Most “qualified aliens” entering the country on or after enactment are banned from receiving “Federal means-tested public benefits” for a period of 5 years beginning on the date of the alien’s entry with a qualified alien status (Sec 403) (see exceptions below). The HHS interpretation, published in the Federal Register on August 26, 1997 (62 FR 45256), designated TANF and Medicaid (except assistance for an emergency medical condition under Medicaid) as the Federal means-tested public benefits administered by the Department. Subsequently, HHS has communicated that the Children’s Health Insurance Program (CHIP) is also a “Federal means-tested public benefit.” The Social Security Administration has stated that Supplemental Security Income is a “Federal means-tested public benefit.” The Department of Agriculture has also stated that SNAP benefits (formerly food stamps) are also means-tested. No other program has been determined to be a “Federal means-tested public benefit” program.
- States have the option to provide Medicaid and CHIP assistance to children and pregnant women who are lawfully residing in the United States without a 5-year delay, and no debt accrues to a sponsor under an affidavit of support on the basis of receipt of such assistance, and the cost of such assistance is not considered an unreimbursed cost. (Sec. 214, P.L. 111-3, Children’s Health Insurance Program Reauthorization Act of 2009)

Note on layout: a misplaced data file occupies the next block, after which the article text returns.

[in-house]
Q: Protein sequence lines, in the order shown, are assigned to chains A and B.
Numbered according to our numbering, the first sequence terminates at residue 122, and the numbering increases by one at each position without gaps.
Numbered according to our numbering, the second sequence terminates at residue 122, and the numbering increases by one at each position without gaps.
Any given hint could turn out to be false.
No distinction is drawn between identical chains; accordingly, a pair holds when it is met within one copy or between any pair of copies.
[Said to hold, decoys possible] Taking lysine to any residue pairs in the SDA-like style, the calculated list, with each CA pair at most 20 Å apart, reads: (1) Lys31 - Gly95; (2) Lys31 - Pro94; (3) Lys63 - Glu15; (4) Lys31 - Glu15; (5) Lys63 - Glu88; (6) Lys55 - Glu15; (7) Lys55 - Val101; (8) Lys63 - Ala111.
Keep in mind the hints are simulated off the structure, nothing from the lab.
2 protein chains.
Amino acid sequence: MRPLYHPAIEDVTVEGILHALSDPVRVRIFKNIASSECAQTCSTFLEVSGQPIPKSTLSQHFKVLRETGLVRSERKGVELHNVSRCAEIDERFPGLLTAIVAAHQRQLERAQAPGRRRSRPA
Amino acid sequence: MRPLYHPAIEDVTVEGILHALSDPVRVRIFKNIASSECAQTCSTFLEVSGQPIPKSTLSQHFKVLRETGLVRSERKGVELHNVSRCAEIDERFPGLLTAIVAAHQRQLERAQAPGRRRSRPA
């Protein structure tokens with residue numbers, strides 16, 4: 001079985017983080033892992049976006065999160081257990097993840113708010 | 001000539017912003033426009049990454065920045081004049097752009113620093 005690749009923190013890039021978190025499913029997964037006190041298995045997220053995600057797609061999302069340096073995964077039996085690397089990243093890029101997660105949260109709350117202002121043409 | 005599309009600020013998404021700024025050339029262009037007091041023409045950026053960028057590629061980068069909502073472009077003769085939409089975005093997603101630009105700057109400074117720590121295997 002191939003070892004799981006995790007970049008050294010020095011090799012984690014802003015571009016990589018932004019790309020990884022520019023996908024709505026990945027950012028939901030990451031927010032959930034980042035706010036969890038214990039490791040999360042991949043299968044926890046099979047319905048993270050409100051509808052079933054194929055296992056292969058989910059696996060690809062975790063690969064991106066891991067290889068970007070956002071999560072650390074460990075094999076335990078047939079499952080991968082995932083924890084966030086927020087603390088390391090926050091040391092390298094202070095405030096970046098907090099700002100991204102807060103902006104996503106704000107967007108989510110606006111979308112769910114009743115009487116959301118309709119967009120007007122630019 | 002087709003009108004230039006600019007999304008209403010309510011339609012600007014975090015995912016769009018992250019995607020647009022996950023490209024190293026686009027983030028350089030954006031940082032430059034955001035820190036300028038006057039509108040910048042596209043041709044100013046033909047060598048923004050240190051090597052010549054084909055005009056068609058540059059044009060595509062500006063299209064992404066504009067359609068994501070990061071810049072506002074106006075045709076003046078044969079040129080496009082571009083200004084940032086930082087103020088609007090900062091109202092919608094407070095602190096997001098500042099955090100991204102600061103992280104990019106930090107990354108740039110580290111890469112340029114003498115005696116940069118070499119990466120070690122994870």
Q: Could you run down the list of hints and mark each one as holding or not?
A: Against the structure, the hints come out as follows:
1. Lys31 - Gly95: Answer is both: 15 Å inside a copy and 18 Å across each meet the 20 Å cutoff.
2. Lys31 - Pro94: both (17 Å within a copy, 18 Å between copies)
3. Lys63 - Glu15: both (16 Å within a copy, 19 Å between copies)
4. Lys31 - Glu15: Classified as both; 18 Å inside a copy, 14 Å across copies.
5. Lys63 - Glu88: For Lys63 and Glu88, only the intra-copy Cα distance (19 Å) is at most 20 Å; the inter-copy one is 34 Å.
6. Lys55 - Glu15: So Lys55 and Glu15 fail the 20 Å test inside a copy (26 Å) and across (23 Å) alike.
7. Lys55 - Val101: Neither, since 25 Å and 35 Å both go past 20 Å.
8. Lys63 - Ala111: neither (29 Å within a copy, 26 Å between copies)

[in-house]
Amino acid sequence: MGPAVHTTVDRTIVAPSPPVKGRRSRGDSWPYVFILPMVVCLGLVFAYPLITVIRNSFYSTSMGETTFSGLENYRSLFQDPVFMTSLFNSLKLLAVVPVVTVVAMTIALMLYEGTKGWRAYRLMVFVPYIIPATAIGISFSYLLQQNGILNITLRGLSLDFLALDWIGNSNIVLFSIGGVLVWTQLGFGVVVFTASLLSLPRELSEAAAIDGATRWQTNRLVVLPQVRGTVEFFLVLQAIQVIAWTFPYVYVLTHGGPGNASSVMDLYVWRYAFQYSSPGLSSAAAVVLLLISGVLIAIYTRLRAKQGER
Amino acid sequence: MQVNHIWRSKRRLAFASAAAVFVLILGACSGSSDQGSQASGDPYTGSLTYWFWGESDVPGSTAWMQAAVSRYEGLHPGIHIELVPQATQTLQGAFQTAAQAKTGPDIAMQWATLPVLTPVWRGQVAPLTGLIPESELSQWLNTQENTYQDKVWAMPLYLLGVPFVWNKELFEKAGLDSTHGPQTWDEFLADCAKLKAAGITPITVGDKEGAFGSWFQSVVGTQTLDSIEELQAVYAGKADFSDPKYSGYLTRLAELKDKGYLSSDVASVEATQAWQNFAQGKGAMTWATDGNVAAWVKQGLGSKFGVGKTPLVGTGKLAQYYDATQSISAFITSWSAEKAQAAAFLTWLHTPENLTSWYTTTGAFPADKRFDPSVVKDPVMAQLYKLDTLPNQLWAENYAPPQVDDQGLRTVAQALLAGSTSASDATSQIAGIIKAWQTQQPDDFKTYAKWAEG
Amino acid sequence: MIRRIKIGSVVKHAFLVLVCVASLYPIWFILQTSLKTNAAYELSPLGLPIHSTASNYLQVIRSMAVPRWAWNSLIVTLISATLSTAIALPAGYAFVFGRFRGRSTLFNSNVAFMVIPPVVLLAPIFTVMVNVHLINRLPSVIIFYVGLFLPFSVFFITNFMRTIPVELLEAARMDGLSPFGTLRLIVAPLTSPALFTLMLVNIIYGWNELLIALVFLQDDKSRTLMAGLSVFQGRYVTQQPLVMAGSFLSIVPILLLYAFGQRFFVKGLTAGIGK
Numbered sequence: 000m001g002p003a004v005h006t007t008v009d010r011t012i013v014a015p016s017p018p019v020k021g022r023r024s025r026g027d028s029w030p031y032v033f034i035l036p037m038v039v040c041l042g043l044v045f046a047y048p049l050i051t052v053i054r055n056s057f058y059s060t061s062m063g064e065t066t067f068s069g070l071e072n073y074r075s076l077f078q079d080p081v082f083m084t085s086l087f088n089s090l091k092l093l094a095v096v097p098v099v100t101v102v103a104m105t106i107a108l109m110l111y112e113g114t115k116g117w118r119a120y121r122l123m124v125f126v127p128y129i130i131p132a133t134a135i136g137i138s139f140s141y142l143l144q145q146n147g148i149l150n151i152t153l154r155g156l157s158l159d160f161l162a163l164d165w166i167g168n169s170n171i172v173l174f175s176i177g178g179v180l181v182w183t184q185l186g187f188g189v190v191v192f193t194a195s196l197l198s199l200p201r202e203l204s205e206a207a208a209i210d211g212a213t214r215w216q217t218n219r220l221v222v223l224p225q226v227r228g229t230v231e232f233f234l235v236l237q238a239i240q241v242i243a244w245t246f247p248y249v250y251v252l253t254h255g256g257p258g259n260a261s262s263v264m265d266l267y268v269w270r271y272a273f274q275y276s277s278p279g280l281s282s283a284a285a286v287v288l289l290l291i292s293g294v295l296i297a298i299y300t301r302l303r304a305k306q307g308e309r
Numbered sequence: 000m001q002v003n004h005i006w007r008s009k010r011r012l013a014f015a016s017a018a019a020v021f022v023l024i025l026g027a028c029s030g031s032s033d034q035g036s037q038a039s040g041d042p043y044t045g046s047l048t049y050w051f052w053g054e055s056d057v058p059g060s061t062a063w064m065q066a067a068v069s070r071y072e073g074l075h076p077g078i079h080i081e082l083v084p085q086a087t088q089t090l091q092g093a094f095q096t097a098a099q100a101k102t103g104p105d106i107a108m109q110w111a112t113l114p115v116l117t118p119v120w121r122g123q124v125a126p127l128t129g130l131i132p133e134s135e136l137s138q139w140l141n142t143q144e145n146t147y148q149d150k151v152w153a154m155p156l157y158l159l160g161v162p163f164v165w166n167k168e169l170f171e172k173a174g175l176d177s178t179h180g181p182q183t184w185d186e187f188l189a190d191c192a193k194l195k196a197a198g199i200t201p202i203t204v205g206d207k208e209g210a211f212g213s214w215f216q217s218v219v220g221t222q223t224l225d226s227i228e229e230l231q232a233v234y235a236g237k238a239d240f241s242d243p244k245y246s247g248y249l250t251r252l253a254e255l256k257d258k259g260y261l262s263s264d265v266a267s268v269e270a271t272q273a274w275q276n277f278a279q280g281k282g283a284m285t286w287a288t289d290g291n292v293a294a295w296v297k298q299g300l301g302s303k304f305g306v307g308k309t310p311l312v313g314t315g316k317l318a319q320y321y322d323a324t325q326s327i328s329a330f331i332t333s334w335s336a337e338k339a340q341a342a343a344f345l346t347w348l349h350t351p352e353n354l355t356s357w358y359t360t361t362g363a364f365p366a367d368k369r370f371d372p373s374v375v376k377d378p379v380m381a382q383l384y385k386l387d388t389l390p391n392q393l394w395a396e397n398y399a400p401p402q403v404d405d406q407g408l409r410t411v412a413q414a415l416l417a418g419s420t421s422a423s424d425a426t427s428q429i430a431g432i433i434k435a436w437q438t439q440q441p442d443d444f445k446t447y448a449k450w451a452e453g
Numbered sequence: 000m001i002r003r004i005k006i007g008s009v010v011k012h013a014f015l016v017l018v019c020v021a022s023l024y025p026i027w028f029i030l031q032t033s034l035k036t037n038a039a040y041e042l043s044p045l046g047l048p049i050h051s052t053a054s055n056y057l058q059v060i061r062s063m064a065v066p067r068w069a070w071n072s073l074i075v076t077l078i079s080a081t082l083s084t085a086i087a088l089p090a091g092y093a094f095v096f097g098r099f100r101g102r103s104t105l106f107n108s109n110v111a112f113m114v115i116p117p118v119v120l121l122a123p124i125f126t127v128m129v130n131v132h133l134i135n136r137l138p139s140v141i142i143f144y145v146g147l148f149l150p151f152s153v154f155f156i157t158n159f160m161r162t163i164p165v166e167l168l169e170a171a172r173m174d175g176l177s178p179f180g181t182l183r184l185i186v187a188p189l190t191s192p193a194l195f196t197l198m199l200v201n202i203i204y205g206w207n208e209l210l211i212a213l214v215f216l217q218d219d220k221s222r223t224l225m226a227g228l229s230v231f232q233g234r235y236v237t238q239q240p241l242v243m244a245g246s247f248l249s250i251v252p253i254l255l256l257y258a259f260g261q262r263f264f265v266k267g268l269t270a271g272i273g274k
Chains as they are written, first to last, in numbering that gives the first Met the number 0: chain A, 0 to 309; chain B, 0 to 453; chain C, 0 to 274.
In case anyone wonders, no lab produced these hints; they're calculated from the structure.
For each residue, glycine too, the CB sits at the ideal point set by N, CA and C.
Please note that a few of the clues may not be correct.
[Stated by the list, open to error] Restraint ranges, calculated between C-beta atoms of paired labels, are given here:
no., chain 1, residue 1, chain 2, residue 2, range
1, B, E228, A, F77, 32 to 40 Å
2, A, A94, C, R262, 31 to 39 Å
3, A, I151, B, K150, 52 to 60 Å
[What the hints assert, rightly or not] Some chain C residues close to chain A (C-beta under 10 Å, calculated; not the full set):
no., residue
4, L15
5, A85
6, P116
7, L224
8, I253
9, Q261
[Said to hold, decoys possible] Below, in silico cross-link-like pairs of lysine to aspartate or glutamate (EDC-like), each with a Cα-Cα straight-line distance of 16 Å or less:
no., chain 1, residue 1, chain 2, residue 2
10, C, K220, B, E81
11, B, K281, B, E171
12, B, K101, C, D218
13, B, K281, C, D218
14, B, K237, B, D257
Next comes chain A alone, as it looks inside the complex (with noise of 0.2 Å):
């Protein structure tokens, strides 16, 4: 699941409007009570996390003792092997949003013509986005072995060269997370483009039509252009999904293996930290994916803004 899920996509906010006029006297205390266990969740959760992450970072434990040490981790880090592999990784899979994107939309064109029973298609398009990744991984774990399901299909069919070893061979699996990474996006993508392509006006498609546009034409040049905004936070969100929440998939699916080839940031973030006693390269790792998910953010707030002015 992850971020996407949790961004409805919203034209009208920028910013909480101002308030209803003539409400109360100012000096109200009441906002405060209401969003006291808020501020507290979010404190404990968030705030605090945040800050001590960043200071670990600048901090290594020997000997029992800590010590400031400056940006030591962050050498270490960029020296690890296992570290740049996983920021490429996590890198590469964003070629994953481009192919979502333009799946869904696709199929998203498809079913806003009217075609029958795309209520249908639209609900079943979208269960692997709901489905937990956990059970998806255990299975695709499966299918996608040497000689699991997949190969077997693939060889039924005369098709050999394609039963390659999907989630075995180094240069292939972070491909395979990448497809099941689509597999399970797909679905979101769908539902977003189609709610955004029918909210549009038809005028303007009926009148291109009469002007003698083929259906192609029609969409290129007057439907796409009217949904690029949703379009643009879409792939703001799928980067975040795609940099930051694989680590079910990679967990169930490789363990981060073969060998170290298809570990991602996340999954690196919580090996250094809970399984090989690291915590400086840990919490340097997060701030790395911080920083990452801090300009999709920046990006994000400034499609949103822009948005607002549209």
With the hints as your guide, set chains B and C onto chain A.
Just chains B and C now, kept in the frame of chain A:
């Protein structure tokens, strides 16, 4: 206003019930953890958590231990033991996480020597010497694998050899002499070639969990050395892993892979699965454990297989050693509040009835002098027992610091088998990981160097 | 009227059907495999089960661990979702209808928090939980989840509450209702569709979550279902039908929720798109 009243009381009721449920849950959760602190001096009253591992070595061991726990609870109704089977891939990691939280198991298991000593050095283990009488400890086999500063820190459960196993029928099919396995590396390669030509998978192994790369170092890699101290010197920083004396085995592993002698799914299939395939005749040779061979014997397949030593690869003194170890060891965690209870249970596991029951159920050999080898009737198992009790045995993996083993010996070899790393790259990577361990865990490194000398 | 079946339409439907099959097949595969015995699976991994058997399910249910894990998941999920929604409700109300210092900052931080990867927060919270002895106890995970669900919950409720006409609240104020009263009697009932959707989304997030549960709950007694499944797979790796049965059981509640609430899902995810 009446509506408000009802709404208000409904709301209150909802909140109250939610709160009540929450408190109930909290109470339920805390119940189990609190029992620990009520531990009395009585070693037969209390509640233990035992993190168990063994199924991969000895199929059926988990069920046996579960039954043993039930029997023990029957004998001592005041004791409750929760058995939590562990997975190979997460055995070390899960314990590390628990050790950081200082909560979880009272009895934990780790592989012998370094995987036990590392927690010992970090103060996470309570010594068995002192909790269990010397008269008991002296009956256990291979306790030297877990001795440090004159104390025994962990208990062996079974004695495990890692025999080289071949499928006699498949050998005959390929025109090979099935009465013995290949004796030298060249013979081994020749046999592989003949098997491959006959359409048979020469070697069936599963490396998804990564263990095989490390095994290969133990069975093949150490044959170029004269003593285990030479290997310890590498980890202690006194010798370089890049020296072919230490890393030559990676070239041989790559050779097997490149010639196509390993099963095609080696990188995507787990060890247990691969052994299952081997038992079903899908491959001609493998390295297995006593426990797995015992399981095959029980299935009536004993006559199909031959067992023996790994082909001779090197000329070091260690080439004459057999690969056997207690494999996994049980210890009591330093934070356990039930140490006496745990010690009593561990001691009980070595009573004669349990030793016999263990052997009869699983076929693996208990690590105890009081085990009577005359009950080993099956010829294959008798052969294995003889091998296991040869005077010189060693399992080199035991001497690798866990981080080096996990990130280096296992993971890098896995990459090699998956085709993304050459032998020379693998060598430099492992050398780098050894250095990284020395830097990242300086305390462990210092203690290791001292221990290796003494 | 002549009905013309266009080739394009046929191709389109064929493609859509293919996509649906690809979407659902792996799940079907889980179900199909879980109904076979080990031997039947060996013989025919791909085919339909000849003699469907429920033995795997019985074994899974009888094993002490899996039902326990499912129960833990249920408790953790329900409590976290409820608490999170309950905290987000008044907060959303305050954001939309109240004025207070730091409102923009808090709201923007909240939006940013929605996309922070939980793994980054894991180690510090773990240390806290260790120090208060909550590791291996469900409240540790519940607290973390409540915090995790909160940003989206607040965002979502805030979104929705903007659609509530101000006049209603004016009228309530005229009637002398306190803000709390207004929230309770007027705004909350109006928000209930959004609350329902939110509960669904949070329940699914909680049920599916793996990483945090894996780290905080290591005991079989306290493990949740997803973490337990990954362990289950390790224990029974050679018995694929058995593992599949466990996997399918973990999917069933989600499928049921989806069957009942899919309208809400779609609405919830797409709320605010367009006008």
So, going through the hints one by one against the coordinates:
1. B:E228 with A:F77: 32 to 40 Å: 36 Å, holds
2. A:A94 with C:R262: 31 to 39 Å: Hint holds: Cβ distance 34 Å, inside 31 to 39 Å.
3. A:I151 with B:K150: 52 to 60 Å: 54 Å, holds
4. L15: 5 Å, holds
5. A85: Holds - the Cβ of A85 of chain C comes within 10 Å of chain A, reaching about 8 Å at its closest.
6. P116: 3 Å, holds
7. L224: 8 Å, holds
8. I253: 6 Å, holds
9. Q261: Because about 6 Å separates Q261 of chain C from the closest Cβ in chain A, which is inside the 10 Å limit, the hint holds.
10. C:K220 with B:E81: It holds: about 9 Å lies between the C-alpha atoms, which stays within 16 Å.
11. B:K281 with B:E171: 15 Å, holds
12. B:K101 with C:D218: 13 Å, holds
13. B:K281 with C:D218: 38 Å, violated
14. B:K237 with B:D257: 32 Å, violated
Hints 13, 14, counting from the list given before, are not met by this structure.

- Refugees, Asylees, aliens whose deportation is being withheld, Amerasians, and Cuban/Haitian entrants and victims of a severe form of trafficking.. (Sec 403(b)(1))
- Veterans, members of the military on active duty, and their spouses and unmarried dependent children. (Sec 403(b)(2))
- Certain Indians, Hmong, and Highland Laotians are eligible for SNAP. (Sec 403(d))
Find more information at the U.S. Department of Health and Human Services website here: http://aspe.hhs.gov/hsp/immigration/restrictions-sum.shtml#sec3